It’s common for people to consider addiction a choice or a reflection of the addict’s weak will. But this perception ignores the reality of how addiction functions, especially in the brain. If you’re struggling with addiction or are close to someone with this problem, you may notice that wanting to get clean is not enough for successful sobriety. Therefore, “Is addiction a disease?” The American Medical Association Addiction classifies addiction as a disease, as do most medical authorities. Addiction behaves like any other disease and is similar to diabetes or cancer. Like these disorders, addiction has a pattern of biological predisposition and lifestyle factors. In the case of people with addiction, the affected organ is the brain.
How Addiction Affects the Brain
Humans look to fulfill their basic needs, such as food, water, or safety. We learn as young children that getting our needs met will make us feel good because of an underlying chemical process. The brain is flooding with dopamine, a powerful neurotransmitter that encourages us to repeat this action again and again. When our brain guides us to attain these needs, it is performing a normal and healthy function. The problem happens when an addicted brain orients itself to pursue an addictive substance so much that it becomes a craving. Addiction programs the brain to get the next dopamine hit every time you use the substance.
Like any disease, addiction worsens over time, and this motivation can become overwhelming and destructive. As the brain’s patterns become more stuck on releasing dopamine to reward the user for using, the condition becomes chronic and even life-threatening. The disease model of addiction is successful because it uses a comprehensive approach to achieve long-term sobriety.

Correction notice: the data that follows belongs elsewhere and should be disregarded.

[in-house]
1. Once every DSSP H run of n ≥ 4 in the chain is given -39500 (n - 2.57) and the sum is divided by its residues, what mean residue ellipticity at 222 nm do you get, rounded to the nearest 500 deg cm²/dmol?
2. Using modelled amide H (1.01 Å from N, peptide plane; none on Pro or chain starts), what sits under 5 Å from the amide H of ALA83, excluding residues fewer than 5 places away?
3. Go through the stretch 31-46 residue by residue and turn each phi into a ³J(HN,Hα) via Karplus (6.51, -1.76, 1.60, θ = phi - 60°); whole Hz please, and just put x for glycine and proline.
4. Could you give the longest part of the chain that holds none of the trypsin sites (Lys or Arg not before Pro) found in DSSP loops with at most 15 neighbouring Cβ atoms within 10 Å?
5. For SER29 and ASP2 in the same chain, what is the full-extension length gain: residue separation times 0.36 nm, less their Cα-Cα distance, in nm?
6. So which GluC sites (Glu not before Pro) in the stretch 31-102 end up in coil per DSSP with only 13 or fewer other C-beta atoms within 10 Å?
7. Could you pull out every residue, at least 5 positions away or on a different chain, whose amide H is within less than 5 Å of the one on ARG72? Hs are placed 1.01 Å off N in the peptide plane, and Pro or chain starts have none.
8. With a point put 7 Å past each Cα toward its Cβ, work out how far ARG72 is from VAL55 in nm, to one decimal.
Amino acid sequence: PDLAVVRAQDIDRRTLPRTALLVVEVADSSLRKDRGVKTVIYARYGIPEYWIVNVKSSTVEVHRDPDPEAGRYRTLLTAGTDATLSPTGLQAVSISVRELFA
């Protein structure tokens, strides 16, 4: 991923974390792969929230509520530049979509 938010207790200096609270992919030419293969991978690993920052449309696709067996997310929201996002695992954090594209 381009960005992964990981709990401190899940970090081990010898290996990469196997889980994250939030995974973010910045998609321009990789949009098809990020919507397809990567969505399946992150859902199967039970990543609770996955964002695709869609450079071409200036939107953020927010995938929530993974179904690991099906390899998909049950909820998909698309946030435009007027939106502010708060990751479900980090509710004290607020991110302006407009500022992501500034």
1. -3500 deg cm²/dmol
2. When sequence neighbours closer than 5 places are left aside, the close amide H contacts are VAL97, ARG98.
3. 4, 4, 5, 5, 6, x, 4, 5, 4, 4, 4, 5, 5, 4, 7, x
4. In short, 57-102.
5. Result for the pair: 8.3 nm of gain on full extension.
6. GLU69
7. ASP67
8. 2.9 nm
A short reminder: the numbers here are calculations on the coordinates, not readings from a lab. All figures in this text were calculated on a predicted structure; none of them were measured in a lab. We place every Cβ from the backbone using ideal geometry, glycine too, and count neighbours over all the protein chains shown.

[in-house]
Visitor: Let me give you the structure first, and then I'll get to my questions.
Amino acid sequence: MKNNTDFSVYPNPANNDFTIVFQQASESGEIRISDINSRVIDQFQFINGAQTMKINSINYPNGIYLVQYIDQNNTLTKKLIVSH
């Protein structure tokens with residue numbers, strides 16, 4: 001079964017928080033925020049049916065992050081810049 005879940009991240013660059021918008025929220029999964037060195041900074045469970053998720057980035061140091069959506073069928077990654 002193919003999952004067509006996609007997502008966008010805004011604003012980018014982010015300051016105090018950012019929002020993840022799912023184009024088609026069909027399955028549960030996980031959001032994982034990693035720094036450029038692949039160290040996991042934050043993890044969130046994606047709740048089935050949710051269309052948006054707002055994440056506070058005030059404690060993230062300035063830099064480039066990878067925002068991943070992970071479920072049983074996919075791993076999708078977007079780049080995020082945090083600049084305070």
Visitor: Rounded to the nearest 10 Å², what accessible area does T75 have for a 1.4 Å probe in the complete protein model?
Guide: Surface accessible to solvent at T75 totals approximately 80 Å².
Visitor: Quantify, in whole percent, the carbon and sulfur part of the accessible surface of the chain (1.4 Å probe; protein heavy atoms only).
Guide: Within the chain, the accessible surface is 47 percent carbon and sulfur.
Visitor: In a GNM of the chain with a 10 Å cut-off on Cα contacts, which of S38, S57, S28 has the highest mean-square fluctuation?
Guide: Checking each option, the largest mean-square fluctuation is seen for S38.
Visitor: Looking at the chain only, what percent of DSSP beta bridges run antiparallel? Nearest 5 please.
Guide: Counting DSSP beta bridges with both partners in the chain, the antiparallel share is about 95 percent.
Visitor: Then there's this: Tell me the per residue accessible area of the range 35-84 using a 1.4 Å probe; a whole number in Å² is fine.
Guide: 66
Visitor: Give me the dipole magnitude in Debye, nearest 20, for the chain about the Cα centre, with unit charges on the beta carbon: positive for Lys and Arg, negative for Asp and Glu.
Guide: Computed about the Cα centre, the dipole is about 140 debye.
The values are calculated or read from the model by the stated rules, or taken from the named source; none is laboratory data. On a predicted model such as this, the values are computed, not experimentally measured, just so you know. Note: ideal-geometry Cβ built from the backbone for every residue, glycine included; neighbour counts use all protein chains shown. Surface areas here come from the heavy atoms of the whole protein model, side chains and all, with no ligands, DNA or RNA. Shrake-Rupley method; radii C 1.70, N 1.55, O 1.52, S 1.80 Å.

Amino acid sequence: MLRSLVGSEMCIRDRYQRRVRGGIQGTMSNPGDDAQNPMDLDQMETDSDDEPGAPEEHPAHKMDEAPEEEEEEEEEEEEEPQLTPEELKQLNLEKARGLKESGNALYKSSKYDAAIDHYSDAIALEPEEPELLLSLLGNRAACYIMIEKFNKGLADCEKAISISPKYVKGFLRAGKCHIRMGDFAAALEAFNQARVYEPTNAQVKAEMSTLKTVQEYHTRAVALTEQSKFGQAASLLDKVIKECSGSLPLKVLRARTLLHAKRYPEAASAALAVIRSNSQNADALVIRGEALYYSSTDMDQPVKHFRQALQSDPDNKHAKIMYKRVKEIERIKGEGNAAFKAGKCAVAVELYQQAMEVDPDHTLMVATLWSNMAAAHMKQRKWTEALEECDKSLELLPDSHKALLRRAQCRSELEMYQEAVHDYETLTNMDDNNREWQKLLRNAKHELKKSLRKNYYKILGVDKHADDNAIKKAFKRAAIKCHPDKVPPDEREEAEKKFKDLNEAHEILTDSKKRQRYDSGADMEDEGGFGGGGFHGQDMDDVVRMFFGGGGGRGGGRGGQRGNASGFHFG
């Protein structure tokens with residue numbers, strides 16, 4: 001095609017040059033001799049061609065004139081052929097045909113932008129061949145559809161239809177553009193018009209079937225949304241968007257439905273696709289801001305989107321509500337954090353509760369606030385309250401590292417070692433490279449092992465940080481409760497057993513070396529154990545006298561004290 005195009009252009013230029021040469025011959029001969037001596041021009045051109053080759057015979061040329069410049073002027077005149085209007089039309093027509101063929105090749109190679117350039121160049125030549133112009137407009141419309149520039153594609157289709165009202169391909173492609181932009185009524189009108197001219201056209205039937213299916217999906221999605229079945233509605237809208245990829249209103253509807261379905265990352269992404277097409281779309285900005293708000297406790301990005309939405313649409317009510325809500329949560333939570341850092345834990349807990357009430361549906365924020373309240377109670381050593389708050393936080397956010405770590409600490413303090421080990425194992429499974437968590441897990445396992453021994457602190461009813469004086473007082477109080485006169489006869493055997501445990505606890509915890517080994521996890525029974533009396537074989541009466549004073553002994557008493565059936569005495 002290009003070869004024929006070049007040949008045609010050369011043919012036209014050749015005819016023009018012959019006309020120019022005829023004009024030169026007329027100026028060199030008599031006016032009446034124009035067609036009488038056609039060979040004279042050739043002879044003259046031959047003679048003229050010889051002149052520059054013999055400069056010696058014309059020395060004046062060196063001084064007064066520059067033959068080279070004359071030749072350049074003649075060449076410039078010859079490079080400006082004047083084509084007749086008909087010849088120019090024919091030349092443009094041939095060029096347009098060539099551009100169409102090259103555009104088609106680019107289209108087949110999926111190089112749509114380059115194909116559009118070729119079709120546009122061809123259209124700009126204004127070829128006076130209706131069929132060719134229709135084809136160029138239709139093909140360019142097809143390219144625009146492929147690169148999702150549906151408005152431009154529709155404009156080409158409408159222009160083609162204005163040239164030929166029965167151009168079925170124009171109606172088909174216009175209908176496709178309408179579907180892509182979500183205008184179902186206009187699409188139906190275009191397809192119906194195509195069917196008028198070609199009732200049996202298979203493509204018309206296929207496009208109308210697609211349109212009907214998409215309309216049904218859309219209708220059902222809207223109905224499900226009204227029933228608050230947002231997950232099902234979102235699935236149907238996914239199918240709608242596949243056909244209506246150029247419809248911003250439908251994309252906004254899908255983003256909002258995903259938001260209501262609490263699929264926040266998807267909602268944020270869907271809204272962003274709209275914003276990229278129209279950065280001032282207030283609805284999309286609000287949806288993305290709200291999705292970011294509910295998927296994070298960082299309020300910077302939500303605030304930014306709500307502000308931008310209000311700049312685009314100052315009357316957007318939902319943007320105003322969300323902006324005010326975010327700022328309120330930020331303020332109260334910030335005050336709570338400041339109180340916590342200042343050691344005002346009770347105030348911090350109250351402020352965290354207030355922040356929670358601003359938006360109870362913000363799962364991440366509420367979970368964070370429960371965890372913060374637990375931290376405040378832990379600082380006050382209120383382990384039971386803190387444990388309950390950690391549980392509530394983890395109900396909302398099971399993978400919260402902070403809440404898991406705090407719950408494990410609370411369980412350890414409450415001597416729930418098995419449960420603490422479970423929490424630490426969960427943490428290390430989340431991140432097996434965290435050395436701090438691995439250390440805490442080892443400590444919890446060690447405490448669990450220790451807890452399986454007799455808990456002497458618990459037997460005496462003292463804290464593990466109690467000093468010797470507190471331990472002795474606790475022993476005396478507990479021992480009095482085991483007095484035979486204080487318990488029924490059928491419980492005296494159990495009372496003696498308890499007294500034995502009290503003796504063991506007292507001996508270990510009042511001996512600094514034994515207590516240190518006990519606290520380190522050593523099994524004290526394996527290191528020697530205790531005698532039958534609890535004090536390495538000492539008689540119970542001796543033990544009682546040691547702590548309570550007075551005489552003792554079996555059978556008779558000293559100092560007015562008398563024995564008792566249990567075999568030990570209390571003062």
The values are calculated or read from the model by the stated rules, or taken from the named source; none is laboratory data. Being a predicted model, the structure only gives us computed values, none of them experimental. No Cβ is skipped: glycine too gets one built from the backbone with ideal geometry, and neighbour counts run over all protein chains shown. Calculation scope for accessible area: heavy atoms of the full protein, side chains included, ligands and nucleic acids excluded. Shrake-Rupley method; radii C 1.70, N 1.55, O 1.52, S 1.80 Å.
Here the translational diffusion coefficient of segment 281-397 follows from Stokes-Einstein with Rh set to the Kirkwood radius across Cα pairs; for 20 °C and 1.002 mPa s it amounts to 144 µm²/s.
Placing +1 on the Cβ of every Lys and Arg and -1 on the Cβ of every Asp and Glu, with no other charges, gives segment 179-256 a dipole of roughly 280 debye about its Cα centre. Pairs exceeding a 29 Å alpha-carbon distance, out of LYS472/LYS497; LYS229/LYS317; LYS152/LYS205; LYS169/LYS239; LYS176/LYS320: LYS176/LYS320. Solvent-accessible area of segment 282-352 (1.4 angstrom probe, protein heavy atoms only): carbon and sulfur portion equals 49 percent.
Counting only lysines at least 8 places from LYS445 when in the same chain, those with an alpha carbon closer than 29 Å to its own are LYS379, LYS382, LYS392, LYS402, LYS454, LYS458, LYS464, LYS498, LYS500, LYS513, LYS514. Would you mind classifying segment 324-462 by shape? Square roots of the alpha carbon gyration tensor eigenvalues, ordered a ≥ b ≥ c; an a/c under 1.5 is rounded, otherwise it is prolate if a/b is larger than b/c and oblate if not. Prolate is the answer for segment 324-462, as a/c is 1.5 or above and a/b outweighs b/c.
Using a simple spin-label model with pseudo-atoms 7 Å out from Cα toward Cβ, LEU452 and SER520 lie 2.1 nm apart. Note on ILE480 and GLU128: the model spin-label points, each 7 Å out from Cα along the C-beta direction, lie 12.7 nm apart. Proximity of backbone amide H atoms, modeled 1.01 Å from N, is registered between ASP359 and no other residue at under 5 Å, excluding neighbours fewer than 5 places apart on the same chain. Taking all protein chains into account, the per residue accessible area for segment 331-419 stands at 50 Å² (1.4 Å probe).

Root Causes of Addiction
Like many other diseases, family history plays a significant role in how likely someone is to suffer from addiction. According to the NIDA, the chance of becoming an addict will correlate with genetic makeup by up to 60 percent. Just like a history of breast cancer is a risk factor for getting that disease, addiction tends to run in families. Addiction can be hereditary because there’s a biological component to having an addictive personality. The second major factor going on with addiction is the person’s environment, especially as children or teenagers. Having a chaotic home life, experiencing trauma, and exposure to substance abuse are all patterns that make someone more likely to become an addict. This disease will often result from the interaction between having the genetic predisposition and also having an environment with risk factors.
Is Drug Addiction a Disease? And the Effective Treatment for Addiction
Is drug addiction a disease? Yes. And like any disease, therapy can treat addiction and successfully manage it. Rediscovering sober life can be rewarding, but it’s not common for addicts to quit cold turkey. The disease model of addiction considers a relapse to be an expected but treatable symptom of this chronic disorder. The most crucial factor in being successful is for the addict to have the right support.
To get sober, you will need a comprehensive approach that tackles the whole disease. Drug counseling and therapy will treat the psychological effects of addiction, ease withdrawal symptoms, and address any co-occurring conditions such as mental illness. The program will also include opportunities to connect with peers that are also trying to stay sober. Sharing your thoughts and experiences in group counseling can foster incredible breakthroughs. Participants discuss life skills, relationship problems, triggers for addiction, and relapse prevention. Treating this disease is all about learning vital new coping skills that can replace the addictive substance. Over time, it’s possible to overcome harmful brain patterns and begin to build a new life within sobriety.
At Sunstone Recovery, we have seen so many lives changed for the better by reaching long-term sobriety. If you struggle with addiction, don’t give up hope. A quality drug rehab can provide you with the tools you need to overcome addiction. Contact us at 855.833.9199, or contact us online and learn more about our comprehensive substance abuse program.